Wednesday, June 17, 2009

Remembering Daddy

Daddy's birthday would have been June 20, so it always fell near Father's Day. For most of his life, we believed that he was born in 1900. Like many blacks born in the south in those days, he didn't have a birth certificate, and relied on something scribbled in the family Bible. It wasn't until he applied for Medicare that we found out what we had long suspected. Daddy was born before 1900. We knew he remembered the Wright Brother's flight in Kitty Hawk a little too vividly to have been only three-years-old.

The Medicare application required a birth certificate to prove that he was 65. Since he didn't have one, they would accept the birth certificates of two of his children to substantiate his age by the age he gave on the children's birth certificates. The trouble was, Daddy wasn't consistent about his age. For a child born in February 1926, he said his age was 26, disregarding the fact that he had not passed his birthday, June 20 of that year. For a child born in July 1931, Daddy showed his age was 31.

That sent the Medicare folks to looking at the Census for 1900. There he was listed with the family as a child. So he qualified for Medicare all right, but the discovery became a source of family amusement for the rest of his life. Daddy passed away in 1968, and the not-so-old age of WHO KNOWS.

Excerpt from my memoir:

When I started school in Petersburg, I was in the afternoon class for first grade at Giles B. Cook Elementary. Daddy walked me to school everyday until he decided I could handle it alone. Instead of telling me I was old enough to go by myself, one morning he was especially slow getting ready. I waited with my book bag in hand, and nagged him that I would be late for school. It was important to be there in time for lunch, when I could eat my bologna sandwich and have a carton of school chocolate milk. After I had nagged for a while, Daddy told me to go on, and he would catch up. I went off down the street, watching for Daddy to catch up. By the time I reached the corner where I would turn, I could see Daddy leaving the house. He followed me at a distance from there on, and at every turn, I would look back to make sure he was still following me. There were no major streets to cross and hardly ever a car passing at that time of day anyway. By the time I reached the school, Daddy was not even in sight, so I waited until I could see him, and waved good-bye as I went into the school building. I was on my own from then on.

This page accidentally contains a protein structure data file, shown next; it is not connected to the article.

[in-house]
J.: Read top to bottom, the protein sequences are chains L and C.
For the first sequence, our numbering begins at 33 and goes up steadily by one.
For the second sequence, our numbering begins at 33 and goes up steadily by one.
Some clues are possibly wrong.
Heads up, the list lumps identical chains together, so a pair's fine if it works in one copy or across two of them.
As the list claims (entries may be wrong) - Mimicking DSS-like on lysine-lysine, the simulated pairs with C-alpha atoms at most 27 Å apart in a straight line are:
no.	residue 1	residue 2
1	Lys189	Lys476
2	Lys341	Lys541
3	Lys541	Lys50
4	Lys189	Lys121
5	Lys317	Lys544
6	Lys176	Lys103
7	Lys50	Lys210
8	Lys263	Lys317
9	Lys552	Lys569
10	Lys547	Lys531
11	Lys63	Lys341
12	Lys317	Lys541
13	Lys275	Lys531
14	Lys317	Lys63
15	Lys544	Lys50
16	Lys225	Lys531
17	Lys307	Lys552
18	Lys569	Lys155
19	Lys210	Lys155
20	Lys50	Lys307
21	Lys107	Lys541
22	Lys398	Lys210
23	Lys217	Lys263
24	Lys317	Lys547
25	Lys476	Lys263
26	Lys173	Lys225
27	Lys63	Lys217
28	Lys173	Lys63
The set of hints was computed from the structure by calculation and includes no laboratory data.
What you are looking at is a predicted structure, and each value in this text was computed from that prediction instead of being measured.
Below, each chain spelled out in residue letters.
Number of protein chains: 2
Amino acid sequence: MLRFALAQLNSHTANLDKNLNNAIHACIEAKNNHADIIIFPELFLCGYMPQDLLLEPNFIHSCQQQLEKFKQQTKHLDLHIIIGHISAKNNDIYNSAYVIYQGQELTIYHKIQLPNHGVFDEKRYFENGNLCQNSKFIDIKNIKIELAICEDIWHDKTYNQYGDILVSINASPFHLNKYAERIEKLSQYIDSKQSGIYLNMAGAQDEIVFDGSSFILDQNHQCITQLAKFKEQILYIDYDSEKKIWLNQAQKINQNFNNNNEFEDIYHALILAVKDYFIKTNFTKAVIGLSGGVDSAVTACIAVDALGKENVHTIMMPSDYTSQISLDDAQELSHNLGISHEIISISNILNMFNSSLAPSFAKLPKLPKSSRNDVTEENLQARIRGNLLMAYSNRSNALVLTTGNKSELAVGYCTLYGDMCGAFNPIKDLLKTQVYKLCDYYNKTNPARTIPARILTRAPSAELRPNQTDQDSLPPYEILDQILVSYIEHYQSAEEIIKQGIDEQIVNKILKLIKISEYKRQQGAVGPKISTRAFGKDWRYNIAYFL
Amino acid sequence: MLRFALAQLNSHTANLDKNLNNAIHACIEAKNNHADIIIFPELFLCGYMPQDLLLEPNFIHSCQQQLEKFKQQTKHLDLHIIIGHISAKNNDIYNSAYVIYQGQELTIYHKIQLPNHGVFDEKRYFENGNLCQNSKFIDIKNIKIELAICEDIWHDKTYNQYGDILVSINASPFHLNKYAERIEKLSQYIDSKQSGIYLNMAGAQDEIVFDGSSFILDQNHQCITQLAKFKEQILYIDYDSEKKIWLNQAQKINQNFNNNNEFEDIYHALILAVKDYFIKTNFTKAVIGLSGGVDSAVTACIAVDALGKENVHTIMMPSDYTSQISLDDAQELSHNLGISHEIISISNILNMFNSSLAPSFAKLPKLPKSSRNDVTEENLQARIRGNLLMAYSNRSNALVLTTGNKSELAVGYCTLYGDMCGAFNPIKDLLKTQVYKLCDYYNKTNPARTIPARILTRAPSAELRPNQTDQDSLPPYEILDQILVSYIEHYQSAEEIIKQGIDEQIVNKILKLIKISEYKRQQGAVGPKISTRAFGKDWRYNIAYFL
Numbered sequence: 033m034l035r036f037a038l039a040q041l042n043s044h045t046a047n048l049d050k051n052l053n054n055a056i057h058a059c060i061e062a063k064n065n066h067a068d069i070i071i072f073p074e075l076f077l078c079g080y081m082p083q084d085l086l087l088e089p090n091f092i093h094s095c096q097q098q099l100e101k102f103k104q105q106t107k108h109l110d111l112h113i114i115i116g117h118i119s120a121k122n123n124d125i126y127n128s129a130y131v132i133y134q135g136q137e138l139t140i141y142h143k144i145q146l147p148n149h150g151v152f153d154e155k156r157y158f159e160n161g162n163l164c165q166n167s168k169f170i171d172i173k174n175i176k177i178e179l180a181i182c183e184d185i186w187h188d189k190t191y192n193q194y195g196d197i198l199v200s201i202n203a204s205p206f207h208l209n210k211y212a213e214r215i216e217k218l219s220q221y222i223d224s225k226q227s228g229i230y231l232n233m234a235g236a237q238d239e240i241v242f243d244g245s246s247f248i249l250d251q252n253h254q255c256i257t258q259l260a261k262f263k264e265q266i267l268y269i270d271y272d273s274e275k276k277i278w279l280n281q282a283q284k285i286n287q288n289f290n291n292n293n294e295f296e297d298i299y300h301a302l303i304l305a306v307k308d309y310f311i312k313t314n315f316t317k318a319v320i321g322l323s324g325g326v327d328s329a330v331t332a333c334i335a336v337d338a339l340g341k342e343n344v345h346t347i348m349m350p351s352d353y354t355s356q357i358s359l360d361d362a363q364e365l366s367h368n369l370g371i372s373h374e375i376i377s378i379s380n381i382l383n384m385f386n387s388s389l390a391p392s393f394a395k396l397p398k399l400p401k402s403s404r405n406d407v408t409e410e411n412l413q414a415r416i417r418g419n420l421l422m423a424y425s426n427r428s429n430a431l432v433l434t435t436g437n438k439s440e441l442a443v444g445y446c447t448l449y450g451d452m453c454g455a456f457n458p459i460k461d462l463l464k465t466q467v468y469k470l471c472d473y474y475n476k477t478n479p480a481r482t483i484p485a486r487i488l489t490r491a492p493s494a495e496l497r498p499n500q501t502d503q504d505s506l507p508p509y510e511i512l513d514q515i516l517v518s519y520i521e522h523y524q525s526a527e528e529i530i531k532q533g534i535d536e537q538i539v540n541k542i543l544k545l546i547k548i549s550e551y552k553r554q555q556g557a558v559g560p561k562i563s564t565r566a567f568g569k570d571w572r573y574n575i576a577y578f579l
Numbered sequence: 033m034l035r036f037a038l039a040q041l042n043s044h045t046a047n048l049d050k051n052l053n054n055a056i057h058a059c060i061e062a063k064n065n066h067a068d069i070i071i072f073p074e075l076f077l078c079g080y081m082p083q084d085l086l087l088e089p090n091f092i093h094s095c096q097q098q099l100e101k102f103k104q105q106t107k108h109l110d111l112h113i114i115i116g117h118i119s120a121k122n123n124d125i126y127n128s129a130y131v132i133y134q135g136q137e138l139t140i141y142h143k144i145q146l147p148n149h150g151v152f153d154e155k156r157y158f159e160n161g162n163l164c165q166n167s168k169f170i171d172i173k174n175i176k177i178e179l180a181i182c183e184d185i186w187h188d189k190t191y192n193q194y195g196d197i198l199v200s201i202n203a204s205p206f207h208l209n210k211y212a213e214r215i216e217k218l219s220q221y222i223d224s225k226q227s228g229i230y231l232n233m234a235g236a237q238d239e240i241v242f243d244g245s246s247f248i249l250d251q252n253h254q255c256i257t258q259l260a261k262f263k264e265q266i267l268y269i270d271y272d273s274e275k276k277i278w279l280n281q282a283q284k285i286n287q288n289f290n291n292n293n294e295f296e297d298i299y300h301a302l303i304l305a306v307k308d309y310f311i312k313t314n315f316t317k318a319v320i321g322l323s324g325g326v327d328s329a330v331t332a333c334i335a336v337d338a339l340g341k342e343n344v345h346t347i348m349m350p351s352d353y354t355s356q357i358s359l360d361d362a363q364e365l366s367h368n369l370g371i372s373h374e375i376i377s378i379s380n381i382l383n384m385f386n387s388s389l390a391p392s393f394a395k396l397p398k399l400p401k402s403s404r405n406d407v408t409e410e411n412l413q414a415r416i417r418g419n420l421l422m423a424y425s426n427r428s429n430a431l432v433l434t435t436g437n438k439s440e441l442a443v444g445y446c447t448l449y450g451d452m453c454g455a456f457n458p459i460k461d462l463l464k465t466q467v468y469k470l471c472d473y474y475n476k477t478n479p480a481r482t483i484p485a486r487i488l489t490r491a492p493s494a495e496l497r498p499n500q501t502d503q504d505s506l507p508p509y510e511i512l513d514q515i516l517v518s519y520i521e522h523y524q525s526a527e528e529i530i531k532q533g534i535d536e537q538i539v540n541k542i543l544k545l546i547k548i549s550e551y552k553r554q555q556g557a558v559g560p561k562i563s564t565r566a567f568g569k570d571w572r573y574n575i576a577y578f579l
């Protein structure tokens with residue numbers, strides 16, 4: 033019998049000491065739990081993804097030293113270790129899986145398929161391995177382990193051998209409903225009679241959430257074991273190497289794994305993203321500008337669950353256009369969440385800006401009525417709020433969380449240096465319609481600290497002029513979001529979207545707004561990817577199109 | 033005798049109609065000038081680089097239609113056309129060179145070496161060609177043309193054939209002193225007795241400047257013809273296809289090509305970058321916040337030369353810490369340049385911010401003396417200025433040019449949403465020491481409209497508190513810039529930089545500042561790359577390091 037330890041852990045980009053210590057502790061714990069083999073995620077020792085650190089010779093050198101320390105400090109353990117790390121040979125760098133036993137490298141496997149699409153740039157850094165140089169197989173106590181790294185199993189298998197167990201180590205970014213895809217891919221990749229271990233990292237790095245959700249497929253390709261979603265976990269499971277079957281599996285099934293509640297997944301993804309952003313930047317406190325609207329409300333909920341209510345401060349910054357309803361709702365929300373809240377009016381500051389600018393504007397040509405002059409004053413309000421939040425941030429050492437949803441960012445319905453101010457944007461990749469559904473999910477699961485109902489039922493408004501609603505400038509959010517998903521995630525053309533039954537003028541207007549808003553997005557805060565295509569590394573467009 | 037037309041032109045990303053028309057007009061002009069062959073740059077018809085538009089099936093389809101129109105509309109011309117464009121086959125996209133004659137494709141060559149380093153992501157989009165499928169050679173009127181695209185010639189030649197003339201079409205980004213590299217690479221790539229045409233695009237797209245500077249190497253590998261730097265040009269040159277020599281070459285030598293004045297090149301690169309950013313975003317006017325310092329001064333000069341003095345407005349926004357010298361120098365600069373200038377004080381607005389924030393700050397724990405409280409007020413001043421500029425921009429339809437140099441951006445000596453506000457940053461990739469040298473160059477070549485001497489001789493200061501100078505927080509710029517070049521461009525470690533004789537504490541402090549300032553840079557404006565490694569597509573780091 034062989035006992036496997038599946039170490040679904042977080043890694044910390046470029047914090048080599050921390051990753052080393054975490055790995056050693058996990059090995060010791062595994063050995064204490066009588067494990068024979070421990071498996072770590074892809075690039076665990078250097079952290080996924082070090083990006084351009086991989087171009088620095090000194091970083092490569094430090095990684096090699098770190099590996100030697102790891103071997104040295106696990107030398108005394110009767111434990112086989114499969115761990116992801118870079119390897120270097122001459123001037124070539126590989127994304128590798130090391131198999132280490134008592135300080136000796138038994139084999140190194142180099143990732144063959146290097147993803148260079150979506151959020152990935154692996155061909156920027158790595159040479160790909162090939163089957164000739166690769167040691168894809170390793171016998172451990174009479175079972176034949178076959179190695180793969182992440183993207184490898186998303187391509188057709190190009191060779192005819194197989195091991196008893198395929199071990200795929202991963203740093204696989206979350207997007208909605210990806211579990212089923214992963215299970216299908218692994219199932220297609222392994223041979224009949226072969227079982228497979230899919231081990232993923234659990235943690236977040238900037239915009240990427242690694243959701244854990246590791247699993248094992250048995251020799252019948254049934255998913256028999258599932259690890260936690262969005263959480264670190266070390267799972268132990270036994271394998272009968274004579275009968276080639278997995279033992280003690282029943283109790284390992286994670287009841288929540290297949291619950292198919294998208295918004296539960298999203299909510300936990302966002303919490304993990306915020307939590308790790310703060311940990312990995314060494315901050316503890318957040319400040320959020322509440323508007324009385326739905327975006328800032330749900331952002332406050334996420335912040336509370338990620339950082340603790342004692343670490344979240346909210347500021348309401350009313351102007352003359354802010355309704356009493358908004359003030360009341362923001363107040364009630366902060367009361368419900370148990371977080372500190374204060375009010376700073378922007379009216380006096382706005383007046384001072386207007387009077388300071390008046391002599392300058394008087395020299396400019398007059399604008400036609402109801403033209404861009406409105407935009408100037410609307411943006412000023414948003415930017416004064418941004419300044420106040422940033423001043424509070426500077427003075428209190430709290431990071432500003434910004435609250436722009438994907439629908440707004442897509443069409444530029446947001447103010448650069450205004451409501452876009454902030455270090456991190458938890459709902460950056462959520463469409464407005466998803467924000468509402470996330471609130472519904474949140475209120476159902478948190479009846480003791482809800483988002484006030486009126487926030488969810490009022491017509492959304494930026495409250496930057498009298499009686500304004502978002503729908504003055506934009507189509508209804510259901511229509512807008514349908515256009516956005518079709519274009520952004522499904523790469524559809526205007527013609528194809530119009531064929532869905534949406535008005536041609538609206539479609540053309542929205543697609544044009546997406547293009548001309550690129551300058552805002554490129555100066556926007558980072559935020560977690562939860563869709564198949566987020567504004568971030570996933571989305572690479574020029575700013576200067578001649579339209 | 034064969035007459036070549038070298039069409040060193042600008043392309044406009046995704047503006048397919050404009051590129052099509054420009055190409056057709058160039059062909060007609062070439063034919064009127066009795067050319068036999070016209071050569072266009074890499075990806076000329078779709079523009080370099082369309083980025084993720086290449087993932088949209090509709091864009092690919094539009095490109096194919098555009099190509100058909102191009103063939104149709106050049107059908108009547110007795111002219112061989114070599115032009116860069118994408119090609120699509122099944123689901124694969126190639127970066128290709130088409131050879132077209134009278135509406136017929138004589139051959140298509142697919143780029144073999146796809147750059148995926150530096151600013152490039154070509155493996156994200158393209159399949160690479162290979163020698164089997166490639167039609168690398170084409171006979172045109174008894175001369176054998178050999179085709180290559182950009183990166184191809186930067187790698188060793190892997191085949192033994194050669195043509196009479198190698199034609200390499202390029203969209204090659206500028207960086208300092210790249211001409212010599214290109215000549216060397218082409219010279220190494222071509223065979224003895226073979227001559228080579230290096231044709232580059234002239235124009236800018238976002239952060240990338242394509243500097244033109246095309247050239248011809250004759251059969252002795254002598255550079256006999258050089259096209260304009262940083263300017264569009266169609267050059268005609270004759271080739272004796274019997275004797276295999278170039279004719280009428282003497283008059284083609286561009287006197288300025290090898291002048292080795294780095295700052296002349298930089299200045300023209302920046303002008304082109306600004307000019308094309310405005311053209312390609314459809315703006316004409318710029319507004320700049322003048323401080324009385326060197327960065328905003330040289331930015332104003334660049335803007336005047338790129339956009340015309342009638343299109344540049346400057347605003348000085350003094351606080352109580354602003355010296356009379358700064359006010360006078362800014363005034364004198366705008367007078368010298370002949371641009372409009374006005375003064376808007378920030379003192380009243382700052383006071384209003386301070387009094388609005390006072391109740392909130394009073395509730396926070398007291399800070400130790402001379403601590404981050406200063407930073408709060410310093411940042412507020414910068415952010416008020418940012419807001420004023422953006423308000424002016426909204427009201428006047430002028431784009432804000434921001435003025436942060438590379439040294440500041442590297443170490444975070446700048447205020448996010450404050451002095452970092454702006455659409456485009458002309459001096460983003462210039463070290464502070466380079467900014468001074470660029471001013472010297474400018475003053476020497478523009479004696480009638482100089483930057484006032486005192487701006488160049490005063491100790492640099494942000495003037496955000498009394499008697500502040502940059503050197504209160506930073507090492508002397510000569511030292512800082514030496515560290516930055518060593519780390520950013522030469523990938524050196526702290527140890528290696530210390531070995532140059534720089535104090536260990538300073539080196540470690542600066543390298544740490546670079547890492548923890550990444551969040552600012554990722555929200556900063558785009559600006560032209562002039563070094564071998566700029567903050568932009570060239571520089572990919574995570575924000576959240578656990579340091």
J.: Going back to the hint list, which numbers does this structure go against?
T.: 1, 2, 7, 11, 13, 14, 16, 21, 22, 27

The photo is Daddy with my sister Toni and me, on the campus of Virginia State College. My mother finally received her four-year degree the same year that my oldest brother did. They graduated together from Virginia State College.

Saturday, June 6, 2009

Shopping for Meds

I know I'm a Senior Citizen around here. My friends call me Ms Sarah, Mama Sarah, Mother Confessor. I don't mind.

I probably take more prescription meds than most of you, so you may think this blog doesn't apply to you. But you may have a parent, grandparent, sibling, neighbor, or someone who is struggling with the cost of prescription medication and could use some relief.

I take seven prescription medications every day, along with a handful of vitamins, minerals, herbal supplements, and assorted other stuff. It takes a lot to keep a sister alive these days.